What's wrong with the US healthcare system

"All health systems in Europe are better than the US"

There are millions of people in the United States without health insurance. “In the United States, medical costs are perceived as a private matter,” criticized Professor Reinhard Busse, Professor of Management in Health Care at TU Berlin, in an interview with the “Ärzte Zeitung”.

Doctors Zeitung: What do you think is the core problem in the US healthcare system?

Professor Reinhard Busse: There is no political consensus in the United States that everyone should have a right to health insurance. Millions of people are without insurance, many are underinsured.

When the newly elected President Joe Biden says that he wants health insurance coverage for all people, his opponents criticize that it is socialism. What nonsense!

This insurance coverage is a human right, and it applies to the whole world. In the United States, medical expenses are perceived as a private matter. That is a poor foundation for socially equitable health care.

After all, Obamacare was a positive sign ...

That's true. Obama has put a lot of effort into his law and there is certainly progress, for example, that millions of people are covered by health insurance that were not before.

But now the Supreme Court is deciding the future of Obamacare, and there is a risk that what has been achieved will be reversed. You have to keep in mind that Obama's law still has many loopholes.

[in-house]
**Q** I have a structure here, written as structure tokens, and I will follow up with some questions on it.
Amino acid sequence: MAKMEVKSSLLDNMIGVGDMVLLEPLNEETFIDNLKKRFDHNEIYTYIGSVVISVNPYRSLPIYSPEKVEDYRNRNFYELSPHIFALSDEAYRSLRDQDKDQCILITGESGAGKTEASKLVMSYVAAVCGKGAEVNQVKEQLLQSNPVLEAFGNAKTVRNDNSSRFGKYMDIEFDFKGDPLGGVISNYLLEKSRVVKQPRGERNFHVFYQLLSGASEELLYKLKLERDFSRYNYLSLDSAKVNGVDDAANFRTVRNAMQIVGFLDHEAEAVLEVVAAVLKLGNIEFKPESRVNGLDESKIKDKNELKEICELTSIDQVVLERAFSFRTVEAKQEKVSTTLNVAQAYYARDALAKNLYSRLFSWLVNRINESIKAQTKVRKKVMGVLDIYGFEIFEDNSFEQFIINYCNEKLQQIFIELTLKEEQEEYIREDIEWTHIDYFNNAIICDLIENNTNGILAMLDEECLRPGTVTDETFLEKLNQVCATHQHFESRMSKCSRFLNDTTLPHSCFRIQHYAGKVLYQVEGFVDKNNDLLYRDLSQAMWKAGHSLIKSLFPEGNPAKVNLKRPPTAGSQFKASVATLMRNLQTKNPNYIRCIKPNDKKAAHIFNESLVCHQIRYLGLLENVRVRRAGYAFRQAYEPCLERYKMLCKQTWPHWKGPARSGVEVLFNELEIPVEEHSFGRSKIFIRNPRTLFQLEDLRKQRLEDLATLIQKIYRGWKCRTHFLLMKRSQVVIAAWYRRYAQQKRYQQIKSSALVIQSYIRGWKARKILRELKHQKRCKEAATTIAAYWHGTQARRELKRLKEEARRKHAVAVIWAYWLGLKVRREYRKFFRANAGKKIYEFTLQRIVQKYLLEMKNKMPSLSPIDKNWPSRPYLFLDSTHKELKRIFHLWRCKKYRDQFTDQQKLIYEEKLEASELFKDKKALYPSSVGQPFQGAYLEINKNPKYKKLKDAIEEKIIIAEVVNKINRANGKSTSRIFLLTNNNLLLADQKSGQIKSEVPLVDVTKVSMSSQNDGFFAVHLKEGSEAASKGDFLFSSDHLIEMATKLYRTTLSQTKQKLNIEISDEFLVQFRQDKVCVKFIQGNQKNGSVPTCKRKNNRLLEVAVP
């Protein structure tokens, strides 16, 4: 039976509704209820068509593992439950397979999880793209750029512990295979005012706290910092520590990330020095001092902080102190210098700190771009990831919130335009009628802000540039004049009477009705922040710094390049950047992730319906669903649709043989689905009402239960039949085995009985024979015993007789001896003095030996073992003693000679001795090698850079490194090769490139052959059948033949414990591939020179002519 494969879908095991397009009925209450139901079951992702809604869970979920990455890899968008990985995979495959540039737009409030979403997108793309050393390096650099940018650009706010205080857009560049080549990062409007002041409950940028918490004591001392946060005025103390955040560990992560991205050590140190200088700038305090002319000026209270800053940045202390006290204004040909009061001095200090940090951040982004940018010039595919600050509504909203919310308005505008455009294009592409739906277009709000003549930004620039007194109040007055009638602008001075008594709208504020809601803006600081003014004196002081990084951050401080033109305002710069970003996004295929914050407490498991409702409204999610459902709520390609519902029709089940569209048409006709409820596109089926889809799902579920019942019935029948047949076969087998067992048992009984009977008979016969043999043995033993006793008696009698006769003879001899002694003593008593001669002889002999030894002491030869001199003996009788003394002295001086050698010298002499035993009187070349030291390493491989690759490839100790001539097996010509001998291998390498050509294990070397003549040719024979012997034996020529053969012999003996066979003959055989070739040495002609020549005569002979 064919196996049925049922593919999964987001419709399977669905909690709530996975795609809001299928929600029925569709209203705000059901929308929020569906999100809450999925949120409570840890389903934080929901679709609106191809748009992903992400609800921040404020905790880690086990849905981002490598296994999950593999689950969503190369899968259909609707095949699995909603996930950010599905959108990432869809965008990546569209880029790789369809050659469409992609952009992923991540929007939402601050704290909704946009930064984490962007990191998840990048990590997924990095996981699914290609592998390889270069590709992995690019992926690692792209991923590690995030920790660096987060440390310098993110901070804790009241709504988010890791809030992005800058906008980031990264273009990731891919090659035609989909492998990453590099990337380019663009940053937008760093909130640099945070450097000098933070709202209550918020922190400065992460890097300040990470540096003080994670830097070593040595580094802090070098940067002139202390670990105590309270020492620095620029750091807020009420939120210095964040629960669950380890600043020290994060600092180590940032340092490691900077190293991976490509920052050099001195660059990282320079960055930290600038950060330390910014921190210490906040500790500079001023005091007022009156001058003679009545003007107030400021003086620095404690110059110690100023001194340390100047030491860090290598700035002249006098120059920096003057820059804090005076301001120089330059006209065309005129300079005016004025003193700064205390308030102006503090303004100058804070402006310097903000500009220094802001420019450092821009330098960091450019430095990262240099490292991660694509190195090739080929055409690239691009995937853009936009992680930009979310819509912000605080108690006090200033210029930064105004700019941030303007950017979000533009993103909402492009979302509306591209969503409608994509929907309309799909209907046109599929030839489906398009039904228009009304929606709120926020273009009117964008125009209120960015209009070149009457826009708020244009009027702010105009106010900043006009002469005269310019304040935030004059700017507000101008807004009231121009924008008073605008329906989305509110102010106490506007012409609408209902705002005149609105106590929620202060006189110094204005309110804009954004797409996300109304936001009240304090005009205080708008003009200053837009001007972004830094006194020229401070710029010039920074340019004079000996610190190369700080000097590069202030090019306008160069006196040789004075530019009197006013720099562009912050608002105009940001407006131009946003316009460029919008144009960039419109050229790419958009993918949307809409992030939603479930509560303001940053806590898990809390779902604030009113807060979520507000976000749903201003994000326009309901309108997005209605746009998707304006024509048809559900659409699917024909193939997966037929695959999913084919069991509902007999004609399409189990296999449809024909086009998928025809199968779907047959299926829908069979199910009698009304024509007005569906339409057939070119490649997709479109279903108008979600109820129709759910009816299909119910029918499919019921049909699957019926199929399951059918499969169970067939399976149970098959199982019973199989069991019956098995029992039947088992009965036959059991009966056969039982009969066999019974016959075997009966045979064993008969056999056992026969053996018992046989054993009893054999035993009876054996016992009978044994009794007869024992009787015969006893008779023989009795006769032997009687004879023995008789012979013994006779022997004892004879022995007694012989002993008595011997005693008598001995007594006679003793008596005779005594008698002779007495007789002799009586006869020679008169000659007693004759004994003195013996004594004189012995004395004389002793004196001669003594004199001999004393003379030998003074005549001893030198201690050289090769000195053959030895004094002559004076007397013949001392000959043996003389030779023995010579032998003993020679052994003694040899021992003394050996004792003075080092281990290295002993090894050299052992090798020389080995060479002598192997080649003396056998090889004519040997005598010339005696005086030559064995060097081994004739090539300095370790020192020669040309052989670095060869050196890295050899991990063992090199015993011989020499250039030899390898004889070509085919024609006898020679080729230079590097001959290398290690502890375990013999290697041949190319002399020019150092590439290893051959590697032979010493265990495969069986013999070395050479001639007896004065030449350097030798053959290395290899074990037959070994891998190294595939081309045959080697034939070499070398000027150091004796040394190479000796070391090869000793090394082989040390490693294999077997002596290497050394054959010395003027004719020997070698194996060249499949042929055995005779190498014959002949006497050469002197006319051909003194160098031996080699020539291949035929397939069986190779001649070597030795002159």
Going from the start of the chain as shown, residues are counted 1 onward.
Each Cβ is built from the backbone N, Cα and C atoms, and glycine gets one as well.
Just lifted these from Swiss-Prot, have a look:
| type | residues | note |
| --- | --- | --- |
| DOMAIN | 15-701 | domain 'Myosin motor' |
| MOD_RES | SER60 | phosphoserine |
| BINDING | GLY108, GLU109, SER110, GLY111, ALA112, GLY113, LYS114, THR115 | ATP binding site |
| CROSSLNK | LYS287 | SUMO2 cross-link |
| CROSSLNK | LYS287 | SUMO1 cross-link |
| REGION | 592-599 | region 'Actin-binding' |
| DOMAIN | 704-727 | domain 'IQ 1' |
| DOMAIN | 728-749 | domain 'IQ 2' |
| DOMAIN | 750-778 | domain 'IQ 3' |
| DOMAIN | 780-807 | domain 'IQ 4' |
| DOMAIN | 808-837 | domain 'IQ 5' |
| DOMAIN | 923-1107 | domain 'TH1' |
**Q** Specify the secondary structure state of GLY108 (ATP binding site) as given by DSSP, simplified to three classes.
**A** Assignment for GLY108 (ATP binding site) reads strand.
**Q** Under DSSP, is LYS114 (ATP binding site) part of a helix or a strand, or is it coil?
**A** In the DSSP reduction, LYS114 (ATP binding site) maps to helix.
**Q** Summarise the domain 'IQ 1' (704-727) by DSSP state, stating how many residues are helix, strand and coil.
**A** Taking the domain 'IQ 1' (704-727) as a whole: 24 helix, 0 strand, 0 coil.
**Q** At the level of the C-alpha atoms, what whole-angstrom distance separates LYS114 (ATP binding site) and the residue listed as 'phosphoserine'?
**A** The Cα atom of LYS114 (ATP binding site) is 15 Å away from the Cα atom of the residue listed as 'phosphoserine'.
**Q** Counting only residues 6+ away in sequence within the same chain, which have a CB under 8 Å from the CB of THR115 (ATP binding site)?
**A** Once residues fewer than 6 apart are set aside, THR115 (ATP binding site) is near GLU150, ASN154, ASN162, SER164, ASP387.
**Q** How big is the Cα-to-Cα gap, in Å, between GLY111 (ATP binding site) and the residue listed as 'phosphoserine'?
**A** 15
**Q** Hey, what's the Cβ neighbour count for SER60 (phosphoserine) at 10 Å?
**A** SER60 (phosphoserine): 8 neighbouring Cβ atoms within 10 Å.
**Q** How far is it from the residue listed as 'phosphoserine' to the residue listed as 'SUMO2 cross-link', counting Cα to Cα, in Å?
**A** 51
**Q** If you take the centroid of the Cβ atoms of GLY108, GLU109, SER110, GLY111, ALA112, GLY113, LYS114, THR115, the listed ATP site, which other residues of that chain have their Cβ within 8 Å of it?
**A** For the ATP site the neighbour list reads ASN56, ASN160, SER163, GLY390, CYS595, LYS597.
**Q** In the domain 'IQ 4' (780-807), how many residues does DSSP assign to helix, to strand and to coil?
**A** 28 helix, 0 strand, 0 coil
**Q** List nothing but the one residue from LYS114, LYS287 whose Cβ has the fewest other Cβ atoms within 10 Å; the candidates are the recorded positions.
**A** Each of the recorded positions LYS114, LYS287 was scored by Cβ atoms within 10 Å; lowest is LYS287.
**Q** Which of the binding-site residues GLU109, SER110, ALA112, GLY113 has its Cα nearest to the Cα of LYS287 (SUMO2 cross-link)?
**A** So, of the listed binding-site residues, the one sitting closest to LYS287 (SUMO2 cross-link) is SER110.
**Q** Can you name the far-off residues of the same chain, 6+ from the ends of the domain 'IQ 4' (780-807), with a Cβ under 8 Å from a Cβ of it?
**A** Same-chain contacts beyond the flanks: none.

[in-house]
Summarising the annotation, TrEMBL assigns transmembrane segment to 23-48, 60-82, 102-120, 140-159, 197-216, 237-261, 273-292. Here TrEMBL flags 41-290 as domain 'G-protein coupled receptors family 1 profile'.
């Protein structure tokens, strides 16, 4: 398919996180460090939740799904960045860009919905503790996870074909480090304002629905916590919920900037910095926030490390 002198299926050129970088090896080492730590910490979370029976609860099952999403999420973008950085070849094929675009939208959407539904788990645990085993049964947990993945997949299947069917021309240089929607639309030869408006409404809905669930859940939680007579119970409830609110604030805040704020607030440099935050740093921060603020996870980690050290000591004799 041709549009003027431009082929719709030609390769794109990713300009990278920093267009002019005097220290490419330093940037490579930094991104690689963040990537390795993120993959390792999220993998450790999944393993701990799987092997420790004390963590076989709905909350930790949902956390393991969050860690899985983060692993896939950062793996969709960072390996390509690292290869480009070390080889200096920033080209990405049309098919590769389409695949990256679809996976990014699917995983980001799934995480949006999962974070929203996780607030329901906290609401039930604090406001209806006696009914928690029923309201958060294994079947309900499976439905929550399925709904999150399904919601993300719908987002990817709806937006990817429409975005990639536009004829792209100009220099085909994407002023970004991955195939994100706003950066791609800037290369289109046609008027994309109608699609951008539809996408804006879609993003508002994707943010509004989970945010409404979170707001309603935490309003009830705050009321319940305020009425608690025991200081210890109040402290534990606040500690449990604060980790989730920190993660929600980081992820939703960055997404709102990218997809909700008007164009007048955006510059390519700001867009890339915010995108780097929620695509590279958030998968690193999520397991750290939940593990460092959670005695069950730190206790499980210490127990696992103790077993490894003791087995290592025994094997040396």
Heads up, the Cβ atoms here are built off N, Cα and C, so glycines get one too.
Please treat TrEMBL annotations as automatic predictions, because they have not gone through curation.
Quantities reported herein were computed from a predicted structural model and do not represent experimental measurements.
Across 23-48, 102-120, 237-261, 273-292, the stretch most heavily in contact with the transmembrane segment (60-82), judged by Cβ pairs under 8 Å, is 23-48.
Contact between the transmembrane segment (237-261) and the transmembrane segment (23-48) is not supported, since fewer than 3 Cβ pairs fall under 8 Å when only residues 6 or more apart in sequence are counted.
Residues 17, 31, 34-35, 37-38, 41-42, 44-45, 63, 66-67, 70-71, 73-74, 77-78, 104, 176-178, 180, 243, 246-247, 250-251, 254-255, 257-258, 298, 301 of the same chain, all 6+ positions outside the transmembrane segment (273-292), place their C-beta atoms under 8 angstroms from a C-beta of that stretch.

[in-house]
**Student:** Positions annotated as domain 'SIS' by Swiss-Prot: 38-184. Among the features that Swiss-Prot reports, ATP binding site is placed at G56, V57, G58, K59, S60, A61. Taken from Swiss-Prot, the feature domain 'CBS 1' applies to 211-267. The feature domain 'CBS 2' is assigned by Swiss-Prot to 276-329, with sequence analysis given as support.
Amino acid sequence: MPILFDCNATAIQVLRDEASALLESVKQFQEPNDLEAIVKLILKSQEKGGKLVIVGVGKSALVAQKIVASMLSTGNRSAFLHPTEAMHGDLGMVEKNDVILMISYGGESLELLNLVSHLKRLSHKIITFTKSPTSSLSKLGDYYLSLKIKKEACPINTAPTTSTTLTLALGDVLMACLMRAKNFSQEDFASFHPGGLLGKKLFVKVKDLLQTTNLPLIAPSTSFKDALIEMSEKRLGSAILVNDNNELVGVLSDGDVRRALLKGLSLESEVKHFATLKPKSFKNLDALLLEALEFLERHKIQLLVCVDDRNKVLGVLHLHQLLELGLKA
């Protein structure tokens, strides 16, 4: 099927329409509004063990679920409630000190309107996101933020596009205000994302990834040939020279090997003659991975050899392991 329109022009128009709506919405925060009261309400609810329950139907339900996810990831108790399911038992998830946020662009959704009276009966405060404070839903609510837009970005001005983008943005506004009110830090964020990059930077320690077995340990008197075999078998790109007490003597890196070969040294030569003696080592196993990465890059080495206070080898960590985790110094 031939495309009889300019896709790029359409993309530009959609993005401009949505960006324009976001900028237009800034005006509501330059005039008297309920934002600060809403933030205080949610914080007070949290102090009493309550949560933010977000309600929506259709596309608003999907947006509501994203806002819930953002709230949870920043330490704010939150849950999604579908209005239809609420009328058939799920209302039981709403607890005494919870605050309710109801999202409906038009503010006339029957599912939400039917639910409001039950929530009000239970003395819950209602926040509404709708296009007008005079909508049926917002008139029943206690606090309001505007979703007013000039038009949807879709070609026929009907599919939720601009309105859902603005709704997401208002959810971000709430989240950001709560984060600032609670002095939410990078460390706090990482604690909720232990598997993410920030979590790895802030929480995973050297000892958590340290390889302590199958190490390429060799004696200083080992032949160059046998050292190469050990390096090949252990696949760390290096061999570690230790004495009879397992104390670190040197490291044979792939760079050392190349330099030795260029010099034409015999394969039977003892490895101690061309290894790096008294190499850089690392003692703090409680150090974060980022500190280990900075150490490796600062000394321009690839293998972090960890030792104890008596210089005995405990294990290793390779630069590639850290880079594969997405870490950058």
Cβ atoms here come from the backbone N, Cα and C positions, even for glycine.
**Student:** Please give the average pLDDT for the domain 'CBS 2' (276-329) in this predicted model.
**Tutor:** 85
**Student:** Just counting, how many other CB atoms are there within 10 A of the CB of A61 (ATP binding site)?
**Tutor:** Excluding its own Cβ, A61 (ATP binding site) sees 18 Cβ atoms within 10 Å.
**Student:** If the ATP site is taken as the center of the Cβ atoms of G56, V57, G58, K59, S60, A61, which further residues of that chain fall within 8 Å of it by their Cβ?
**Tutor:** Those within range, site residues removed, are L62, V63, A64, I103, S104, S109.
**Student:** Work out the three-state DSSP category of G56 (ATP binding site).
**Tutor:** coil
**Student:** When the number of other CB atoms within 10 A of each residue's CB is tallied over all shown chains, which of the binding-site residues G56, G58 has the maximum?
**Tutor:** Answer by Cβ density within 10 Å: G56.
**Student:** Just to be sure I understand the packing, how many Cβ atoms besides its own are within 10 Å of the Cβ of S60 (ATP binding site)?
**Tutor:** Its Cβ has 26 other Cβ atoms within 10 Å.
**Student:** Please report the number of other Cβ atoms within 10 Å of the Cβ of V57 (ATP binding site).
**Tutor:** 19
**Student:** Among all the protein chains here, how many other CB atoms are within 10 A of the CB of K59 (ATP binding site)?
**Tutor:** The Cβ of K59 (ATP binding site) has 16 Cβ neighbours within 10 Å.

It would be a success in the end if the law were not abolished. Against the background of this whole development, I am skeptical that there will be an improvement in the near future.

Professor Reinhard Busse

  • Actual position: Professor for Management in Health Care at the TU Berlin
  • Career: scientific activities in Madrid and London, among others
  • Training: Medical studies in Marburg, Boston and London

Where do you see the US pension system in an international comparison?

To be honest: very far back. It is about the question of how the quality of a health system is measured. An important parameter becomes relevant here: How many deaths are there in a country that could have been avoided in a well-functioning health system with appropriate disease prevention or therapy?

If you compare the development of all OECD countries over the past 20 years, it becomes clear that the USA has fallen further and further behind. And when you add the cost of care, you can see that the US system is not only expensive, it is both expensive and bad.

When Americans ask which health systems in Europe are better than those in the United States, one has to be honest: all of them!

So we can't find anything in the US pension system that we could take on?

I wouldn't see it that way. With this negative assessment, of course, we always look at the mean value for the entire country. There are extreme differences within the US as well. That means, for example, that we find initiatives that have very good programs. It is not for nothing that Helmut Hildebrandt, for example, took role models for himself with his project Healthy Kinzigtal in the USA.

We find quite innovative ideas there, but they have not yet been rolled out across the country. This includes, for example, concepts for quality assurance or population-related management, we can definitely learn something there. But there is also another part of the truth: the Americans themselves unfortunately do not learn anything broadly.